EXCLUSIVE: Rep. Kat Cammack, R-Fla., is introducing legislation that would allow the Department of Homeland Security to block the entry of migrants into the U.S. when certain conditions are met – part of Republican solutions to end the crisis at the southern border.
The "Justified Action for Securing Our Nation" (JASON) Act would give authority to DHS to shut down the entry of "all aliens or any class of aliens" into the U.S. for up to 60 days if conditions are met.
Those factors include a 25% increase in apprehensions in a single month, or a 25% increase in apprehensions in a single week. Conditions would also include a public health emergency like a global pandemic, the failure of a Western Hemisphere government or the presence of an "imminent foreign terror threat to the security of the United States."
Cammack, in an interview with Fox News Digital, said the bill was named after a Border Patrol agent called Jason who recommended the measures when Cammack was at the border.
"One of the agents, Jason, he reached out and said, 'I've been kicking around this idea and I don't know if it's feasible, but I think this would take some of the excuses, the political excuses off the table, and it would really give teeth to the policies that we're trying to uphold,'" she said.
She said agents she spoke to wanted a firm policy like that contained in the bill more than further funding.
"They tell me ‘We don't need more money, we don't need more resources,’" she said. "That would be nice, [but] what they need is a policy that will be upheld because it's a constant moving target."
Cosponsors on the legislation include Reps. Byron Donalds, R-Fla., Brian Babin, R-Fla., Jim Banks, R-Ind., Ken Buck, R-Colo., Dan Crenshaw, R-Texas, Yvette Herrell, R-N.M., Clay Higgins,. R-La., Nicole Malliotakis, R-N.Y., and Beth Van Duyne, R-Texas.
Cammack said the bill would put the DHS secretary "on the hook" if the crisis continued and also said it would give Congress more oversight capability and tools to hold an administration accountable – potentially setting up impeachment if the secretary refused to act.
The ambitious bill comes as Customs and Border Protection (CBP) announced this week that there had been again more than 200,000 migrant encounters at the border in a single month. There have been more than 2.1 million encounters this fiscal year.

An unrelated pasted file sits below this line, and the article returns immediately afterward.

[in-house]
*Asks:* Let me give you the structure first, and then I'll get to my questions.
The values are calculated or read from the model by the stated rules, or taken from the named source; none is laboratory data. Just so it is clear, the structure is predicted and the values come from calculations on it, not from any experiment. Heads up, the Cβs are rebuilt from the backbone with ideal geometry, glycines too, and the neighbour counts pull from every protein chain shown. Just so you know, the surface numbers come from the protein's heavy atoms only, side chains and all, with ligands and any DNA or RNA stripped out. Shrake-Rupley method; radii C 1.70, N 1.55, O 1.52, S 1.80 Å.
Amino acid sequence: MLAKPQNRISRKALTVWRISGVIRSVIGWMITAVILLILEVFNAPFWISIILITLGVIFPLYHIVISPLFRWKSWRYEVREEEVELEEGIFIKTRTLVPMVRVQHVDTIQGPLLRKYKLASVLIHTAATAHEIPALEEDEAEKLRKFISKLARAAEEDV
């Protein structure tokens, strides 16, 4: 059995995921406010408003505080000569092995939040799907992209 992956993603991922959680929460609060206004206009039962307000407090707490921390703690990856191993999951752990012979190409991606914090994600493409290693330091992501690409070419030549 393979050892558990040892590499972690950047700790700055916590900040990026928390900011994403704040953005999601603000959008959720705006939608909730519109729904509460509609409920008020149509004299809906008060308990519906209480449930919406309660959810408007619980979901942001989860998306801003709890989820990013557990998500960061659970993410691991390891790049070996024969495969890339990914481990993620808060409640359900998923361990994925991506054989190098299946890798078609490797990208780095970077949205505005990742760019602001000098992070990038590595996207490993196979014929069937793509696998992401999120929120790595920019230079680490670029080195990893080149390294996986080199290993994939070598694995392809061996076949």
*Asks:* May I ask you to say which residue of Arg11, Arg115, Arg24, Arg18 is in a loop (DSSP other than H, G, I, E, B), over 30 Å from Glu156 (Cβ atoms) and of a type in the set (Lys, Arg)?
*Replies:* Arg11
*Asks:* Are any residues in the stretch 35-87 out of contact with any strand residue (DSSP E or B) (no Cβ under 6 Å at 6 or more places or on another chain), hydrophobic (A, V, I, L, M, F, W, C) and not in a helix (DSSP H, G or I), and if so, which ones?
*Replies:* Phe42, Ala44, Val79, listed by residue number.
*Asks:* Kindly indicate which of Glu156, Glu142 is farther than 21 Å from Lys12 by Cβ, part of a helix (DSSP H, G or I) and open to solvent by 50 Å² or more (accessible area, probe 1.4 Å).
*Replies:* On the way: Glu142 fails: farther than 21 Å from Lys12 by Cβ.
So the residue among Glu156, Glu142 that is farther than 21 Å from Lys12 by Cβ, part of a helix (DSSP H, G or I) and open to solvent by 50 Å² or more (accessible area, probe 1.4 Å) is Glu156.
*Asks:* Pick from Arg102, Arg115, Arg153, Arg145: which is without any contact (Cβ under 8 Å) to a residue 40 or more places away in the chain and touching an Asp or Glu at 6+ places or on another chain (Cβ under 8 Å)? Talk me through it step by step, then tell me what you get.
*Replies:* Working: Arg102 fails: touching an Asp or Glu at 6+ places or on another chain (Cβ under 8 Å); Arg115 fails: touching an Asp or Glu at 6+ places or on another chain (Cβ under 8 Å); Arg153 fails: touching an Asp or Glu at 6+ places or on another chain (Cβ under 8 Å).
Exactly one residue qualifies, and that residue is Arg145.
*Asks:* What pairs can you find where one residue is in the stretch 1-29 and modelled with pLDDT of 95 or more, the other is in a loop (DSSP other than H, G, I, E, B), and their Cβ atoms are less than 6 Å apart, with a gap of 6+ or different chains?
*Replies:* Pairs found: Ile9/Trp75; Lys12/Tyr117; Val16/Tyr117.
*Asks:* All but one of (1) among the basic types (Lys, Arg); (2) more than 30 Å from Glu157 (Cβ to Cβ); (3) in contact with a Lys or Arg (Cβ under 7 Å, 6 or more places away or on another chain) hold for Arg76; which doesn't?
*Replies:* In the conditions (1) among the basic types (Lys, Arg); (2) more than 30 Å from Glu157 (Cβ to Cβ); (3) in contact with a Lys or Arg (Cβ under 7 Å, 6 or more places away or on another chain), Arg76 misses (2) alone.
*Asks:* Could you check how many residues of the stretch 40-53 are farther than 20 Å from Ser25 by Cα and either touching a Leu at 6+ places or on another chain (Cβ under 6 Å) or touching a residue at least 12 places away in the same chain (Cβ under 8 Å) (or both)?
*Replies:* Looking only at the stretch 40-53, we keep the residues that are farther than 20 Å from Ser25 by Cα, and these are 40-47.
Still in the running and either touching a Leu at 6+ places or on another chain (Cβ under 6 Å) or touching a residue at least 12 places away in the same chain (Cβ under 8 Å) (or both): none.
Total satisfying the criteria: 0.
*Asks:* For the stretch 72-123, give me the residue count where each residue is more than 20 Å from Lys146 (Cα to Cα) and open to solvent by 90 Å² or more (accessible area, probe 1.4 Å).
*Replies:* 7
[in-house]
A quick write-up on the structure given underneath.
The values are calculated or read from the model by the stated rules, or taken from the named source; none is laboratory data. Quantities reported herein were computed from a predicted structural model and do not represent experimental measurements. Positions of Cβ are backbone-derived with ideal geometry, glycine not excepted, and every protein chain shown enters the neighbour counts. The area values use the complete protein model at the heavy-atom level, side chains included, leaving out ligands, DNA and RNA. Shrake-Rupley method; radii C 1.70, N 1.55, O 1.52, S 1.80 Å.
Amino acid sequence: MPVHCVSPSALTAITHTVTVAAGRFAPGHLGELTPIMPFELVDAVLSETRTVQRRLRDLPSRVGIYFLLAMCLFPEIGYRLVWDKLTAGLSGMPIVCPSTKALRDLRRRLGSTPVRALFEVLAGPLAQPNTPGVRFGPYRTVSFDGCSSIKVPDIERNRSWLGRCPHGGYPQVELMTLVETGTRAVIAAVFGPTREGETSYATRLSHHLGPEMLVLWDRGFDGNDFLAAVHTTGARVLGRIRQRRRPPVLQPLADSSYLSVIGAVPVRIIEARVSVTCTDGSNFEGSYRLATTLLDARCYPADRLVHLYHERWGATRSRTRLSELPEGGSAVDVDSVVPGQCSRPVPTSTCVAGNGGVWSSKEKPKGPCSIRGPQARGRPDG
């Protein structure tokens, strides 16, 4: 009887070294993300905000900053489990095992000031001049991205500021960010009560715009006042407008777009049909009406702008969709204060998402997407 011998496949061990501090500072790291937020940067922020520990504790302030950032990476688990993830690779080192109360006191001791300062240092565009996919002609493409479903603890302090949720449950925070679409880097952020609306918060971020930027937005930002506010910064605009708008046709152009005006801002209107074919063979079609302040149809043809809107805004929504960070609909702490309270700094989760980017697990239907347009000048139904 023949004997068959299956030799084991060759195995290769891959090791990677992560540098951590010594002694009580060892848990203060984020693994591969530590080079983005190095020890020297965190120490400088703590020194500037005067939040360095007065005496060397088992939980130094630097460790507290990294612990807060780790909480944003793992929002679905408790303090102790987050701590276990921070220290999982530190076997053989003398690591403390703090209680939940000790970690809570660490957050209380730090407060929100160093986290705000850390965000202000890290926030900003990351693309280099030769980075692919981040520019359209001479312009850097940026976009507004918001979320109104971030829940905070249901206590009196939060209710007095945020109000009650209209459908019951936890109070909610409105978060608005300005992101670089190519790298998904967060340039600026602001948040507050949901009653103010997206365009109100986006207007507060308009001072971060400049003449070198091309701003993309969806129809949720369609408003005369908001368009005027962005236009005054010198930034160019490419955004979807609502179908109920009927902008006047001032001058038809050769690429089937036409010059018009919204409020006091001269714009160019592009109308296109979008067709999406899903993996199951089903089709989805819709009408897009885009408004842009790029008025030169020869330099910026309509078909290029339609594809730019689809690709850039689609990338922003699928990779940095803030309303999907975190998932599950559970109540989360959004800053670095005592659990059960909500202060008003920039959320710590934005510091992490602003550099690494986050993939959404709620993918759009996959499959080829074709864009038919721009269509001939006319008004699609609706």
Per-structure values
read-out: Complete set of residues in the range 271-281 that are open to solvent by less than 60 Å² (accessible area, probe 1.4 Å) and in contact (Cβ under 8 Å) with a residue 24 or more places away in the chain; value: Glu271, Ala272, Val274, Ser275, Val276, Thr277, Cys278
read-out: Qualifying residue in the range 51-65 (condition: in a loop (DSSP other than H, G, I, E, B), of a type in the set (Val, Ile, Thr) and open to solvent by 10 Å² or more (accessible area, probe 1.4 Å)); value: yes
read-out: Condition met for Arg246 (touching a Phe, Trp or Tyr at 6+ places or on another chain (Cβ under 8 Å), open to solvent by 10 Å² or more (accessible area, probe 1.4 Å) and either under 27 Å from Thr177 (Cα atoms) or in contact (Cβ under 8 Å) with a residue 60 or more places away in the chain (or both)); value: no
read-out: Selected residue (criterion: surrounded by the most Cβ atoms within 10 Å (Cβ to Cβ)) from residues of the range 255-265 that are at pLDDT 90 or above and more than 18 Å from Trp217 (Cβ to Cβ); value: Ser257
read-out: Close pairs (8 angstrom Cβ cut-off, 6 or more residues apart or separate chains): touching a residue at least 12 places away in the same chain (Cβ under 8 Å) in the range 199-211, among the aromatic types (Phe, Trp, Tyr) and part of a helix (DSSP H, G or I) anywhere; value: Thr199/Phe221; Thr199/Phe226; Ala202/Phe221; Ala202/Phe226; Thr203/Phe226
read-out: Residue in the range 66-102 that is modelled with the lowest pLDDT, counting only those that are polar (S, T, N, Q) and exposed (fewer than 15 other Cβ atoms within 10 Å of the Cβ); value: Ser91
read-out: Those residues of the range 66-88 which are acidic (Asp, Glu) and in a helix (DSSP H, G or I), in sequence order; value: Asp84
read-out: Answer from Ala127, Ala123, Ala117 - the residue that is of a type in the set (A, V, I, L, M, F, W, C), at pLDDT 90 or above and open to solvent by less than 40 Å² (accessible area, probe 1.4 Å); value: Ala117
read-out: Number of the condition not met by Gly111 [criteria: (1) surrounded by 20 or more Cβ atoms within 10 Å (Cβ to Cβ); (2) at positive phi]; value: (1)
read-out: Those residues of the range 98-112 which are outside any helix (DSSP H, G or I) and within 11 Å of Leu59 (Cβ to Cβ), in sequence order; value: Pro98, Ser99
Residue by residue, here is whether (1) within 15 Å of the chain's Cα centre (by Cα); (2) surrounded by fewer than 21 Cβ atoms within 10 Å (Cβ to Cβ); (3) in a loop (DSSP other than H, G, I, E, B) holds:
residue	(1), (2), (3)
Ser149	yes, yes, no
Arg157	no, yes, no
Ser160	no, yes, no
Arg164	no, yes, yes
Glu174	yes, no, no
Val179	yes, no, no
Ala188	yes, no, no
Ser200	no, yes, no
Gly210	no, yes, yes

A substantial number of migrants have been expelled under Title 42 public health protections, which allow for the expulsion of migrants under Centers for Disease Control (CDC) authority due to the COVID-19 pandemic. The Biden administration has sought to end the use of that authority but has so far been blocked by a court order.
But the new legislation, which would be housed under DHS authority, would go substantially beyond that – Cammack say it’s necessary given the ongoing crisis and what she says is a politicization of the situation.
"I think that if you deny the reality, which is that we have a national security crisis and a humanitarian crisis playing out on the southwest border, denying that means you're not living in reality today," she said. "And the fact that we have to introduce legislation like this, explicitly laying out the role and job function of the Homeland Security secretary, tells you how political this entire situation, but truly this administration, has become."
The bill has picked up support from both the Border Patrol union and the hawkish Federation for American Immigration Reform.
"The JASON Act will give the Secretary of Homeland Security the authority to prevent entry into the country when there are border surges and for other situations concerning national security," National Border Patrol Council Brandon Judd said in a statement. "This is a brilliant and commonsense tool that will hold the Secretary accountable while giving our agents on the line a much-needed policy to secure the border."
FAIR President Dan Stein applauded Cammack for "introducing legislation to explicitly prescribe conditions when a suspension may be declared and extend this power to the secretary of Homeland Security, which could help overcome an obstinate president."
"This would be a step in the right direction for protecting American families and alleviating the burden on our heroic Border Patrol, and we urge swift passage," he said.
Cammack’s bill is one of a number of pieces of legislation Republicans have put forward as a potential fixes to the ongoing crisis at the border. However, such bills typically struggle in a Democratic-controlled Congress – and may have more chance of success if Republicans control the chamber after the November midterms.
"There should be no reason that Democrats, particularly those along the southwest border, for the sake of their own communities, that they shouldn't want to see this bill fail. They would want to see it succeed. But that being said, I do understand the political realities, especially 50 days out from an election.
"So [if] this bill does not make it across the finish line in the 117th, it will be on the docket for 118th," she said.